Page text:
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Force Denaturation of Proteins - an Unfolding Story

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Many proteins react or respond to mechanical force as part of their function. Until recently the mechanical properties of proteins on the nanoscale were unknown as techniques that allowed their manipulation and measurement were not available. Over the last decade, development of robust instruments capable of picoNewton force sensitivity and sub-nanometre positional accuracy has allowed such experiments to be routinely undertaken. These experimental data, in conjunction with computational simulation methods and the development of an underpinning theoretical framework, have resulted in a greater understanding of the effects of a mechanical perturbation on biomolecules. The aim of this review is to describe how mechanical extension is thought to denature proteins, how this process differs to the intrinsic unfolding pathway and, by reference to examples, to rationalise the wide range of mechanical responses that have been observed, sometimes in proteins with very similar structures.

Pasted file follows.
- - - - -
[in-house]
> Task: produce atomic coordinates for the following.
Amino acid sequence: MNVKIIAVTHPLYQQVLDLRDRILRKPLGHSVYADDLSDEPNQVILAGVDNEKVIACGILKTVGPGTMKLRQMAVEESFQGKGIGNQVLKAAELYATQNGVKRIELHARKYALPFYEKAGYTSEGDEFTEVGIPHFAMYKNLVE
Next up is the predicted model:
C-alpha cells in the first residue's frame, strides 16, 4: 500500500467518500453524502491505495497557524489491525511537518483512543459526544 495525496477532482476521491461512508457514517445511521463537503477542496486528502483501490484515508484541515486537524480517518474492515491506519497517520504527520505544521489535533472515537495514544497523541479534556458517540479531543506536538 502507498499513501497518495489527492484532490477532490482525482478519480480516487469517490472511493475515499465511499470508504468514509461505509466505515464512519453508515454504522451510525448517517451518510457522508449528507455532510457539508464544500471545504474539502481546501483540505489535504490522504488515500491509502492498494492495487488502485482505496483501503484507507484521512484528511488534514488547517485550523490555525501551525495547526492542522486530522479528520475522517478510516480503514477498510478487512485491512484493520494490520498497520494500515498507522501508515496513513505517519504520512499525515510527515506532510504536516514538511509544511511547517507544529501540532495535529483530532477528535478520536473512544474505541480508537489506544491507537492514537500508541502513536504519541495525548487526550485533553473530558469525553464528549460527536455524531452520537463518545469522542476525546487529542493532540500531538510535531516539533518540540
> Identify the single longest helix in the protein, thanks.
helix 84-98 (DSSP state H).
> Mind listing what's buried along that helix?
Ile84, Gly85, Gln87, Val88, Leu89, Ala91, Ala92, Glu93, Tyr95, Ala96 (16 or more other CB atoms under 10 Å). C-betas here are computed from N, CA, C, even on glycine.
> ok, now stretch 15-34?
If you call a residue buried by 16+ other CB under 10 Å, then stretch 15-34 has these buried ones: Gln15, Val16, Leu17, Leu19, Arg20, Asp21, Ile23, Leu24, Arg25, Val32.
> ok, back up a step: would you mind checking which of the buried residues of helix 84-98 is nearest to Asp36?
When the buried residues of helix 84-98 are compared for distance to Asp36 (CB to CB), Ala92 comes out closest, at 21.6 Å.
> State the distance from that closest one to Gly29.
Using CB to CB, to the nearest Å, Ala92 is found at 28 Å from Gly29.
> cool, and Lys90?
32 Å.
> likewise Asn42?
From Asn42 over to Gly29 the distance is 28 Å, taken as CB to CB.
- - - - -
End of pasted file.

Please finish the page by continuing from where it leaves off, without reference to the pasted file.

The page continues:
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Keywords: Denaturation; Mechanical Unfolding; atomic force microscope (AFM); cell adhesion proteins; ubiquitin

Document Type: Research Article

Affiliations: Astbury Centre for Structural Molecular Biology, Institute of Molecular and Cellular Biology, University of Leeds, LS2 9JT UK.

Publication date: 2007-02-01

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  • Current Nanoscience publishes authoritative reviews and original research reports, written by experts in the field on all the most recent advances in nanoscience and nanotechnology. All aspects of the field are represented including nano- structures, synthesis, properties, assembly and devices. Applications of nanoscience in biotechnology, medicine, pharmaceuticals, physics, material science and electronics are also covered. The journal is essential to all involved in nanoscience and its applied areas.
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